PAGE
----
Imperfect Thanksgivings and other Joys

Riding on the train with my son and daughter-in-law the other day, we began trading Terrible Thanksgiving Stories. She said this! I did that! We shared gossip, hurts, horrible and delicious secrets about our imperfect Thanksgivings. Through it all, we laughed and listened. And it reminded me that part of why I love family so much is because we are all so imperfect. We are crazy, and passionate, and I love it. Love them all.

Embracing Thanksgiving Imperfection

For the past year I’ve been working on a novel about a family that is turbulent, to say the least. Even the family dog gets involved in the arguments. They are all trying so hard for perfection, but the harder they try to achieve it, the further away it moves. It’s made me think about my own perfection obsessions. One of the great things about writing is that it teaches you a lot about yourself.

So this Thanksgiving I’ve decided to embrace the imperfections. I will overbake the pies, which I always do because I’m convinced they’re never done. I will undoubtedly say something offensive to someone. Possibly through this blog. I will certainly get mad at my husband over something, probably because he will be working on his phone.

Sadness, too

I’ll be sad, because this will be the last Thanksgiving at my uncle’s house. I’ve been going there almost all the Thanksgivings of my life. I’ll be slightly forlorn because this is the first Thanksgiving when none of my kids will be home (though they will all text and call and see me soon.) I will see my fabulous nieces and little grand-nephew and I will eat too much. Then I’ll get exhausted and drive a long way home. And I will love every minute of my imperfect Thanksgiving. At least in retrospect.

So from me and my trees and my family, I wish all of you, dear friends, an imperfect Thanksgiving. And many more! Do you have any Thanksgiving stories to share? Join the conversation at Facebook and Twitter.

Susan Breen is the author of the Maggie Dove mystery series. Her stories have been published in Alfred Hitchcock’s Mystery Magazine and Ellery Queen’s Mystery Magazine. The MWA anthology, Crime Hits Home, in which she has a story, just won an Anthony Award. She teaches novel-writing at Gotham Writers and is on the staff of the New York Write to Pitch Conference.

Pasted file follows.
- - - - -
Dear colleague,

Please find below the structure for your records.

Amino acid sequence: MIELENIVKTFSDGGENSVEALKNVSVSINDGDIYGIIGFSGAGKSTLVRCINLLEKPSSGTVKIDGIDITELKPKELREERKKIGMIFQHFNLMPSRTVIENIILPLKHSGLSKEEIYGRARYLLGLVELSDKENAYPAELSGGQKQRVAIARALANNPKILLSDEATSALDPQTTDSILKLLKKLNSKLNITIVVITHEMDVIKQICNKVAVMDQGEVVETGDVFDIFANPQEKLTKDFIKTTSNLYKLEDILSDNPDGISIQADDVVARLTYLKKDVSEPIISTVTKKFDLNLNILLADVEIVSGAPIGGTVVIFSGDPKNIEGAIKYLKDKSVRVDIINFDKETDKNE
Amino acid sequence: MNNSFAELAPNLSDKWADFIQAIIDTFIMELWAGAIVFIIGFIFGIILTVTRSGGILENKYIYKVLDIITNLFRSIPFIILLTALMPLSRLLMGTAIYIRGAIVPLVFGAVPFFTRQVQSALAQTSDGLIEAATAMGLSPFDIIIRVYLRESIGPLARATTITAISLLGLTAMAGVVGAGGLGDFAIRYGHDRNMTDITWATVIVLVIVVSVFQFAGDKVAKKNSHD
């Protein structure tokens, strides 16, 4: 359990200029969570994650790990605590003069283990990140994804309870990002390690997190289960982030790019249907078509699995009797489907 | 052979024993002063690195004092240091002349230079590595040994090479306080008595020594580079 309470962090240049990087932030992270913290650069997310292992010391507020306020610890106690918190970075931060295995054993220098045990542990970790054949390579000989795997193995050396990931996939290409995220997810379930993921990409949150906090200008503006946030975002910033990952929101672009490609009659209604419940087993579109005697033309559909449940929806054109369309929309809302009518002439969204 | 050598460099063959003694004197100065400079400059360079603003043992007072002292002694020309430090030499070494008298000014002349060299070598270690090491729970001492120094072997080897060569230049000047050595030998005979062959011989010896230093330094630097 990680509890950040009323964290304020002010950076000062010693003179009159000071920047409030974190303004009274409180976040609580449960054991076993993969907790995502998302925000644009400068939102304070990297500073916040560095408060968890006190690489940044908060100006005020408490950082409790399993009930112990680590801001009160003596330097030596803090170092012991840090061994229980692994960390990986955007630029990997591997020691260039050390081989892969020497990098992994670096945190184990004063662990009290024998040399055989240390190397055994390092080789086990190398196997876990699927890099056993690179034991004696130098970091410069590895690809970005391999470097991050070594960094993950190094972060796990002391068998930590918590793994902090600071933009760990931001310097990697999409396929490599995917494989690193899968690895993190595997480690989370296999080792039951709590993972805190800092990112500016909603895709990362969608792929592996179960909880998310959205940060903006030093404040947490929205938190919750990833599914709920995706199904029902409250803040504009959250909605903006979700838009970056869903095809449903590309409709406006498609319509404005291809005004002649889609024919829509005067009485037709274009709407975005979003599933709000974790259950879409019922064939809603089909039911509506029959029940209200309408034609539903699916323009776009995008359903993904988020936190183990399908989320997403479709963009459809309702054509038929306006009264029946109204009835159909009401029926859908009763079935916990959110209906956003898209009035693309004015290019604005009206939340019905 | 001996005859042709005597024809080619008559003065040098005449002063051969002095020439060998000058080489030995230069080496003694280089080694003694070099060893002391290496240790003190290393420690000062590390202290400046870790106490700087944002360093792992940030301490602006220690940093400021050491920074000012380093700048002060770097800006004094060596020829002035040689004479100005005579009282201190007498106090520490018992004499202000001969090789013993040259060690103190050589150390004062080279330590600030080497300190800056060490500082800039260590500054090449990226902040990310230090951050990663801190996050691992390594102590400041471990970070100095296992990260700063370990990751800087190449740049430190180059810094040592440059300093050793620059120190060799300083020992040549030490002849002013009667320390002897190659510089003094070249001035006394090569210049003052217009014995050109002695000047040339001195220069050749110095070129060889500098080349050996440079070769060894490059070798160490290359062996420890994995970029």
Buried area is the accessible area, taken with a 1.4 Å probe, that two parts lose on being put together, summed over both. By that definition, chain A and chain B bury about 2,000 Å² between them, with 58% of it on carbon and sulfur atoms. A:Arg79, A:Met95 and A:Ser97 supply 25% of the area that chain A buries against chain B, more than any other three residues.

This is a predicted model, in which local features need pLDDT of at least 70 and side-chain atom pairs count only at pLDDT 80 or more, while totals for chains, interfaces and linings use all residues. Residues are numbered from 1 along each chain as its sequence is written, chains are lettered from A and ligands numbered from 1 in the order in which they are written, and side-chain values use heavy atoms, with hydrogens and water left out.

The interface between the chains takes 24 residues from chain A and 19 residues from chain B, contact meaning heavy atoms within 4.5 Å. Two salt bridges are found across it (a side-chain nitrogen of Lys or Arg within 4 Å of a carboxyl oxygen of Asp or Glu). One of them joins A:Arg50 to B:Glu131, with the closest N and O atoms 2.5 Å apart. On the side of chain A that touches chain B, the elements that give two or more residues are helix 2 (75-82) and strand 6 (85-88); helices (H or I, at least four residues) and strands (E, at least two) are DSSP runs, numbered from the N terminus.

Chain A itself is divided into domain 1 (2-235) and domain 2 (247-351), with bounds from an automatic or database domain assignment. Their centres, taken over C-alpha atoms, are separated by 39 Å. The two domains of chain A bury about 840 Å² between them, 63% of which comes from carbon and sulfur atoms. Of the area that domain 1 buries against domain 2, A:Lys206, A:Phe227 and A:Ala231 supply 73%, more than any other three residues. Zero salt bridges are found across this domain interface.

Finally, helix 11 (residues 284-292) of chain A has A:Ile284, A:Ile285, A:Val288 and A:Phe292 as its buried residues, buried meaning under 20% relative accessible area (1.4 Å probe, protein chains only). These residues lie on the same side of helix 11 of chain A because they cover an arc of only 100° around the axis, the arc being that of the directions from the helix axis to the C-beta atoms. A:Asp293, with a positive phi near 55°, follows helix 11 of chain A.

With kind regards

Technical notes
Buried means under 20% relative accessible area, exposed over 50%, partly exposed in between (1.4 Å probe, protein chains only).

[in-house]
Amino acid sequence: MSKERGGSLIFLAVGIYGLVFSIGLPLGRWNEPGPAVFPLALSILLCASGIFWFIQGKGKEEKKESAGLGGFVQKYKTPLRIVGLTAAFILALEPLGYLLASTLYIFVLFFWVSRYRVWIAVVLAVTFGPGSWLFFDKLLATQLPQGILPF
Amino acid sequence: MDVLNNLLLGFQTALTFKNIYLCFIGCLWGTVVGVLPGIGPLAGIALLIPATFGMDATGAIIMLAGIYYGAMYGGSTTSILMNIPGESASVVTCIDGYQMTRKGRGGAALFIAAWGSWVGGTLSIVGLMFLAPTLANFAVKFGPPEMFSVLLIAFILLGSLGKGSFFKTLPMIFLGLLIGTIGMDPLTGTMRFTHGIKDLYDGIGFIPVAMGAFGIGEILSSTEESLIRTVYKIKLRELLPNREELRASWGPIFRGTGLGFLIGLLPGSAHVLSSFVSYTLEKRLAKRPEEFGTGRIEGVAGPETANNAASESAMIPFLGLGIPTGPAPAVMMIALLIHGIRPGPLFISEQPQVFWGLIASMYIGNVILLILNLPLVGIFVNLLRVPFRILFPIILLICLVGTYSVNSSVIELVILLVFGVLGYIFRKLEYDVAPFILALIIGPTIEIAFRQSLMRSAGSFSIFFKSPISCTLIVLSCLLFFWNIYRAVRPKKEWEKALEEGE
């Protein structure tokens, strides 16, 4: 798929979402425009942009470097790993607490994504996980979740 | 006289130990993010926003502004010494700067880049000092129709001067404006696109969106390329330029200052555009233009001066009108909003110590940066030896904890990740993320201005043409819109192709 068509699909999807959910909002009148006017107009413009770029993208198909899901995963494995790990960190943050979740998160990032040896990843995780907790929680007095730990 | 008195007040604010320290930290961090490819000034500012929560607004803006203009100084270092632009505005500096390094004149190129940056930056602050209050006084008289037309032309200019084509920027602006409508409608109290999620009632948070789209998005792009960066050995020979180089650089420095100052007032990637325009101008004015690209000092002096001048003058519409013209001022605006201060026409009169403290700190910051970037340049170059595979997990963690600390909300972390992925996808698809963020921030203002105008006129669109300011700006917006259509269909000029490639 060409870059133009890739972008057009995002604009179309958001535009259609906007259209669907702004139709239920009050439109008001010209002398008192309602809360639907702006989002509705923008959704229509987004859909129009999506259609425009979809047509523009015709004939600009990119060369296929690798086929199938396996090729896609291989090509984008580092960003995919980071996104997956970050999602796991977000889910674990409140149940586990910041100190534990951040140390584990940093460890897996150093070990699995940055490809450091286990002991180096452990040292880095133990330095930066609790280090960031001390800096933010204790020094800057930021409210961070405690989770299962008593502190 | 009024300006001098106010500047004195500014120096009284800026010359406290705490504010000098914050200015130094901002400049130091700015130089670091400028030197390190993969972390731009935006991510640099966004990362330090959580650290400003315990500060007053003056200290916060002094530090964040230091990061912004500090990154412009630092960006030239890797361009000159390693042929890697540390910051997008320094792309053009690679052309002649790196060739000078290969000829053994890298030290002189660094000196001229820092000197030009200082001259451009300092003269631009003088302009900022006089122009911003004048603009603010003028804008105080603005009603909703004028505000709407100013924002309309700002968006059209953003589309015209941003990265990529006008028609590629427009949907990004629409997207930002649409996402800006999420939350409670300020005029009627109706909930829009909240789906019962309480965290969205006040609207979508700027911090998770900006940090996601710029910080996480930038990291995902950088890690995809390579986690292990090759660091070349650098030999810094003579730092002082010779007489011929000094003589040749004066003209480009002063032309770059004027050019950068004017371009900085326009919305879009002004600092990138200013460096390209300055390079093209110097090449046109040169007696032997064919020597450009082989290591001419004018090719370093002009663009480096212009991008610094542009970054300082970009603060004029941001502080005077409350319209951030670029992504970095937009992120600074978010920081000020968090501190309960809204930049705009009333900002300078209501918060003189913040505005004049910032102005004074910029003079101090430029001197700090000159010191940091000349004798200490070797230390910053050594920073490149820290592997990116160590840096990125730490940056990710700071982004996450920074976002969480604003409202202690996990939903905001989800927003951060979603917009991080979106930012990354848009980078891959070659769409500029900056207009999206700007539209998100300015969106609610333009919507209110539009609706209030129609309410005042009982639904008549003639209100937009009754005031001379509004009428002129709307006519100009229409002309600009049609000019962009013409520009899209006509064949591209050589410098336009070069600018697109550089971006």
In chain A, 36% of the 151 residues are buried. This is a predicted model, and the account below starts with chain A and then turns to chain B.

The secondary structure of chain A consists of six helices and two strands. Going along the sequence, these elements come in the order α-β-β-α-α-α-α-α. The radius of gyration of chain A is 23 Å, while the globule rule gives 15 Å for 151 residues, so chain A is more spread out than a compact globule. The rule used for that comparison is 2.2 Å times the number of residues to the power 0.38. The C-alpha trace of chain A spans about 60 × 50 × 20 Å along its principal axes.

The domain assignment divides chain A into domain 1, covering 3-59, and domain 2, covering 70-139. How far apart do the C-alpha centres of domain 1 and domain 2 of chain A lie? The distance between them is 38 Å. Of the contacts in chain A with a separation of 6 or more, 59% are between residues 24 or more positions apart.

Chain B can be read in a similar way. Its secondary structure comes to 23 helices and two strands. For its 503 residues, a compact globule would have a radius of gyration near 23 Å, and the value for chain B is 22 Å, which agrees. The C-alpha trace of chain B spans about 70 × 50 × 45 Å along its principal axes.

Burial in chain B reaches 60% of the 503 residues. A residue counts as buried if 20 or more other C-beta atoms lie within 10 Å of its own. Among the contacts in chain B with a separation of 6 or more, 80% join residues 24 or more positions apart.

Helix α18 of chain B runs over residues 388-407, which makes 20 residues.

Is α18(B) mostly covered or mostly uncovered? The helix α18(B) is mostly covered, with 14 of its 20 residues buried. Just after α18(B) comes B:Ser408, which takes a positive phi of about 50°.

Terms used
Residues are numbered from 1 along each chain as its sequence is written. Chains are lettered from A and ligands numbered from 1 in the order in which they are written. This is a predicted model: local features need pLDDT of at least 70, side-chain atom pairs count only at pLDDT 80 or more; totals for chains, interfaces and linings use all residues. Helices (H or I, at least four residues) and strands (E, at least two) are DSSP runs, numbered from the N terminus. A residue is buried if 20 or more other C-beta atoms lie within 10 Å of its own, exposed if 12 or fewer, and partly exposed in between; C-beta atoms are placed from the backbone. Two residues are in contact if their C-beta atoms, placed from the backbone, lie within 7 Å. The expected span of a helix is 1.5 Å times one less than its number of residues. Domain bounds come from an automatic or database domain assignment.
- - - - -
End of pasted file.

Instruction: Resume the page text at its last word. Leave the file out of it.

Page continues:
1. Happy Thanksgiving everyone!

    I liked this holiday up until my mid-twenties because day off and lots of food. Then I grew to genuinely hate it to the point that I would get very low the week of and stay cranky till past Christmas, both for the same reason–my husband always had to work and it was very sad and nothing made it better. After a while I began working in e-commerce and then I also had to either work or be on call, with a little kid in tow. Now that we’re all home together, I’m growing to love it again. There might come a time when I think back on the imperfect years with levity, but I’m not there yet. I think one of the circles of hell is full of people alone on a holiday when everyone else is with their families and all the advertising and all the movies are rubbing it in.

    That said, I fully intend to have a warm, cozy and delicious Thanksgiving tomorrow with the people I love the most, and I hope the same for all of you.

  2. Happy thanksgiving to all.

    I tend to pretend holidays don’t exist. But I’ve always liked Thanksgiving. When I was young and my mother and aunt were cooking, I just had to show up and eat. When I got older and was responsible for the meal I had some anxiety about cooking the perfect turkey, getting everything cooked and hot and on the table at the same time, etc. but I still enjoyed it. The pressure is off now that it’s just me and Sherry. We’ll have a simple turkey dinner tomorrow and a relaxing day. If I’m not too tired, I might even write.

  3. With a son who’s a chef, food has always been the center for us. My husband likes to cook, too, which is why my kitchen has two ranges with two ovens and the three of us crowd in there cooking for our small family. Yes, sometimes the results are imperfect, that one ingredient that is in every dish we make is love, lots of love for our family.

    Wishing you all a perfectly imperfect Thanksgiving~

  4. What a lovely essay. Perfectionism kills the joy, a lesson I learned after gaining custody of my three stepsons and our family grew almost overnight to six sons! Laugh, ask forgiveness and accept the imperfections because in the long run all that matters is the love. I hope you had a wonderful Thanksgiving!

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